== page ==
Over the last few years, there has been a renewed interest in offering cloud gaming services that replicate Netflix or Spotify’s value proposition by allowing consumers to stream games over the internet, across multiple platforms.
Over the last few years, there has been a renewed interest in offering cloud gaming services that replicate Netflix or Spotify’s value proposition by allowing consumers to stream games over the internet, across multiple platforms, and without having to download files or use local processing power.
Cloud gaming expands the audience for premium games beyond the current console and PC audience by making them accessible anywhere, at any time, and on any device. That huge addressable market is creating a lucrative and growing opportunity for companies gearing up to enter the space, providing a long runway for growth.
In fact, according to research from Parks Associates, the US cloud gaming market could generate nearly $3 billion in annual subscription revenue, as 30% of US broadband households currently express interest in this service. This study, titled “Cloud Gaming Demand and Preferences,” reports 74% of US broadband households play video games for at least one hour per week. Gamers play for an average of 22 hours per week, a number skewed towards heavy gamers, and PC gaming shows the biggest gains as a result of Covid-19 pandemic.
“We estimate, based on consumer interest in these services, the US cloud gaming market stands to generate nearly $3 billion in annual subscription revenue, with the opportunity to generate more revenue via service stacking and add-on sales, provided these offerings are designed and targeted correctly,” said Kristen Hanich, Senior Analyst at Parks Associates.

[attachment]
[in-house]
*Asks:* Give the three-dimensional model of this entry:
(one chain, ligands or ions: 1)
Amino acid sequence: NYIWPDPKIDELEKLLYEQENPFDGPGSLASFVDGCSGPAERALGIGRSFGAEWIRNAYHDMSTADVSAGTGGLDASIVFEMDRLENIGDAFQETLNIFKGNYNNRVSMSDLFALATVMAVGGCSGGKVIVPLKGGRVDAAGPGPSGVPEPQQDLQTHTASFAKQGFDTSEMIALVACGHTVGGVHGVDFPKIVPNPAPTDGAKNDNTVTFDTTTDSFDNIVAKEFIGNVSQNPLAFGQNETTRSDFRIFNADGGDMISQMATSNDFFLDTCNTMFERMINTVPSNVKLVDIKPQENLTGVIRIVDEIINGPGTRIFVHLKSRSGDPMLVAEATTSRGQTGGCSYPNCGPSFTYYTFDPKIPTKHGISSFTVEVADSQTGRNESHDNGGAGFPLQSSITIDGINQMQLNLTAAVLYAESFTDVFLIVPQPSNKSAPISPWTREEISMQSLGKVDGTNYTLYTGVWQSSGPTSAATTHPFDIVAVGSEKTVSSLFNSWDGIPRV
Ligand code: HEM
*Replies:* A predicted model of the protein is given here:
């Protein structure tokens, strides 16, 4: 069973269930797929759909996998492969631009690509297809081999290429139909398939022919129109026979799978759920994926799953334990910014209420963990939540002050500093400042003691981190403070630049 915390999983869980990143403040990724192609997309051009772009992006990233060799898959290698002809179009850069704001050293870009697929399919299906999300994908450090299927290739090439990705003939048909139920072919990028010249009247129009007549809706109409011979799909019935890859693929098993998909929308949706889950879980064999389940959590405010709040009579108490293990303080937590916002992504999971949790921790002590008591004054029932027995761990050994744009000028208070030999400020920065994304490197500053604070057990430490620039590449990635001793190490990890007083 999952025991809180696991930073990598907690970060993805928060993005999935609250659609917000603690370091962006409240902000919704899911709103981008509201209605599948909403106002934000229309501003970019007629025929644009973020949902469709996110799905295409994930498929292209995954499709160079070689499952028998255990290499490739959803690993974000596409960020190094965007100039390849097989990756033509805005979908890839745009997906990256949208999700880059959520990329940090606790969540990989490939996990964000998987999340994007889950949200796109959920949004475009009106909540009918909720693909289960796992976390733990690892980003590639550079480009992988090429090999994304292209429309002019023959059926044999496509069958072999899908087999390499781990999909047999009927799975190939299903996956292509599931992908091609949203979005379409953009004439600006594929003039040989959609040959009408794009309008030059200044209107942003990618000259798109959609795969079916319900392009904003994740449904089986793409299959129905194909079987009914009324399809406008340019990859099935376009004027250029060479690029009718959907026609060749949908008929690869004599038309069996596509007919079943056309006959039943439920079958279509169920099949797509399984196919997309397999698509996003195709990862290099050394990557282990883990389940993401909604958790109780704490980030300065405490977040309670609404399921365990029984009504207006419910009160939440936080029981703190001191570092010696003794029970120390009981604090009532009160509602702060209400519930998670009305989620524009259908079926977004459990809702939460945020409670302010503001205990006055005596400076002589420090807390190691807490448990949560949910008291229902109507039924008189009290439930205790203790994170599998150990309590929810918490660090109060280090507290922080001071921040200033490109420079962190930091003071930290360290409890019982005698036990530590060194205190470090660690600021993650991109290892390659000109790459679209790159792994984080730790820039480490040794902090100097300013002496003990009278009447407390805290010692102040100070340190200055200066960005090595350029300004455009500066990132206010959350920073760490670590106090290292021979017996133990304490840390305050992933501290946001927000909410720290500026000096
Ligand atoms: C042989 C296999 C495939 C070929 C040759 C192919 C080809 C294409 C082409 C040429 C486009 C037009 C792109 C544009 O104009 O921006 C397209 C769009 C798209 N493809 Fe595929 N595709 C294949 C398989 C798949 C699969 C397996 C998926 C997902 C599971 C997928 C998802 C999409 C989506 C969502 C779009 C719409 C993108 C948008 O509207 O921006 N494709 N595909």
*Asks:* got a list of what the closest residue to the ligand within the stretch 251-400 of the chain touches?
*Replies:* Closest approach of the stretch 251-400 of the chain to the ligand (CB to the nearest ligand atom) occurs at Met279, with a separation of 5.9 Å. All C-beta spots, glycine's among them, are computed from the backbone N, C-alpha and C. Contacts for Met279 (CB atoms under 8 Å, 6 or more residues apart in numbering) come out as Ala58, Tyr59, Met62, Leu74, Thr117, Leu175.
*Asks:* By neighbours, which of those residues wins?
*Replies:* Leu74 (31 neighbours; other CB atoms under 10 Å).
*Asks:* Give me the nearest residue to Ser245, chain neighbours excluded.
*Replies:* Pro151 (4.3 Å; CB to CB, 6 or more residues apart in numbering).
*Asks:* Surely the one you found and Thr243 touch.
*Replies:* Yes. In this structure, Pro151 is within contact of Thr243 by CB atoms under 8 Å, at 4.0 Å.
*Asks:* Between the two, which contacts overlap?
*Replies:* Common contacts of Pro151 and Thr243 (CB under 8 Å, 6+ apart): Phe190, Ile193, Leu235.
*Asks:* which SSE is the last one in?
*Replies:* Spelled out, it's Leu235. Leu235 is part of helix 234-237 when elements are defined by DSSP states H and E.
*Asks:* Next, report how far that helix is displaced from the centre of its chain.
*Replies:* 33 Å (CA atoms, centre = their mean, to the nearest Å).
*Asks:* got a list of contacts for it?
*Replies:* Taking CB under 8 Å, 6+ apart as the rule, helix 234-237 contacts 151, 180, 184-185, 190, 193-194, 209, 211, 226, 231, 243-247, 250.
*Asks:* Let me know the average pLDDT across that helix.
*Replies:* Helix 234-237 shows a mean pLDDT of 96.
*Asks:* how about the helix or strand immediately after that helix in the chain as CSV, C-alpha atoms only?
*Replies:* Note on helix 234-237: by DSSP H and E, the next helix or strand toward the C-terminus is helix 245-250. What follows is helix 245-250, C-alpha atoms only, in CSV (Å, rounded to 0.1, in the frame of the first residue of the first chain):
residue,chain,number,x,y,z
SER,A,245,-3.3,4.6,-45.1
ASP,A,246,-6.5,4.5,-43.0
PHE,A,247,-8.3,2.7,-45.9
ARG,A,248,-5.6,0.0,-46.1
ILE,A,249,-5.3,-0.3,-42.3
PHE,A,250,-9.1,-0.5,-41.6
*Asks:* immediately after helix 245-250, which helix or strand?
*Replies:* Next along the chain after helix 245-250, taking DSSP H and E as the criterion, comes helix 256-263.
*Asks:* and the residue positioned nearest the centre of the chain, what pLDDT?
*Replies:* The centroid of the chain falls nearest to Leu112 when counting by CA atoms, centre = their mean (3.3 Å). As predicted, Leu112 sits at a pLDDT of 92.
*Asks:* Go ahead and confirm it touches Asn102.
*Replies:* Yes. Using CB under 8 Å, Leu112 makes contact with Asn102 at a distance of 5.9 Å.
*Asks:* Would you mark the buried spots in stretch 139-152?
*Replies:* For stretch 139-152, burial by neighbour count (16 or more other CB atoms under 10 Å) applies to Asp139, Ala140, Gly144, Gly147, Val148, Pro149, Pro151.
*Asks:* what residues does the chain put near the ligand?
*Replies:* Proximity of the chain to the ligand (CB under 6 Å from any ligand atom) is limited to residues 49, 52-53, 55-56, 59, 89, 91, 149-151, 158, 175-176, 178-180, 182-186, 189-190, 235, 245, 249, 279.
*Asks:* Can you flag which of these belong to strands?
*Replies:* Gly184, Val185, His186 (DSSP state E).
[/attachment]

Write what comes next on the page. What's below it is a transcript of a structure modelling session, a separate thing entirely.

The research company considers that multiplatform gamers are the key consumer segment to target for initial rollouts. The data also notes the average number of hours played per week has increased since the Covid-19 outbreak. PC gaming in particular saw a large increase in the number of hours played weekly, while gaming consoles were the only platform to show a decline in usage among heads of household from Q3 2019 to Q1 2020.
“Cloud gaming services enable providers to leverage this increased gaming on connected devices, including smart TVs and streaming media players, where gaming is often secondary to their main value proposition,” Hanich said. “The continued improvement of internet networks and the cloud, as well as the rollout of 5G with its promises of improved latency, enables companies to offer high-performance cloud gaming solutions across multiple platforms without taxing their limited processing power,” she added.
Amazon, the first one to invest in the cloud
Amazon was the first company to really invest in the cloud computing industry, and has played a crucial role in its shaping. As a result, Amazon Web Services (AWS) is the industry leader by a large margin.
Now, Amazon is preparing a cloud gaming platform. Apparently, this platform, which has been showing rumors for a long time, has the internal name of "Project Tempo". With it, Amazon will have to compete with two other telecommunications giants, Microsoft and Google, which have already been in the sector for some time: Microsoft with its "xCloud Project" and Google with "Stadia".
To succeed, cloud gaming services like "Project Tempo", "xCloud" or "Stadia" depend heavily on technology and connectivity. Advancements in connectivity standards and hardware functionality, new benefits to the end user over traditional gaming experiences, and the ability to meet gamers' evolving tastes are playing — and will continue to play — a significant role in helping cloud gaming reach its full potential.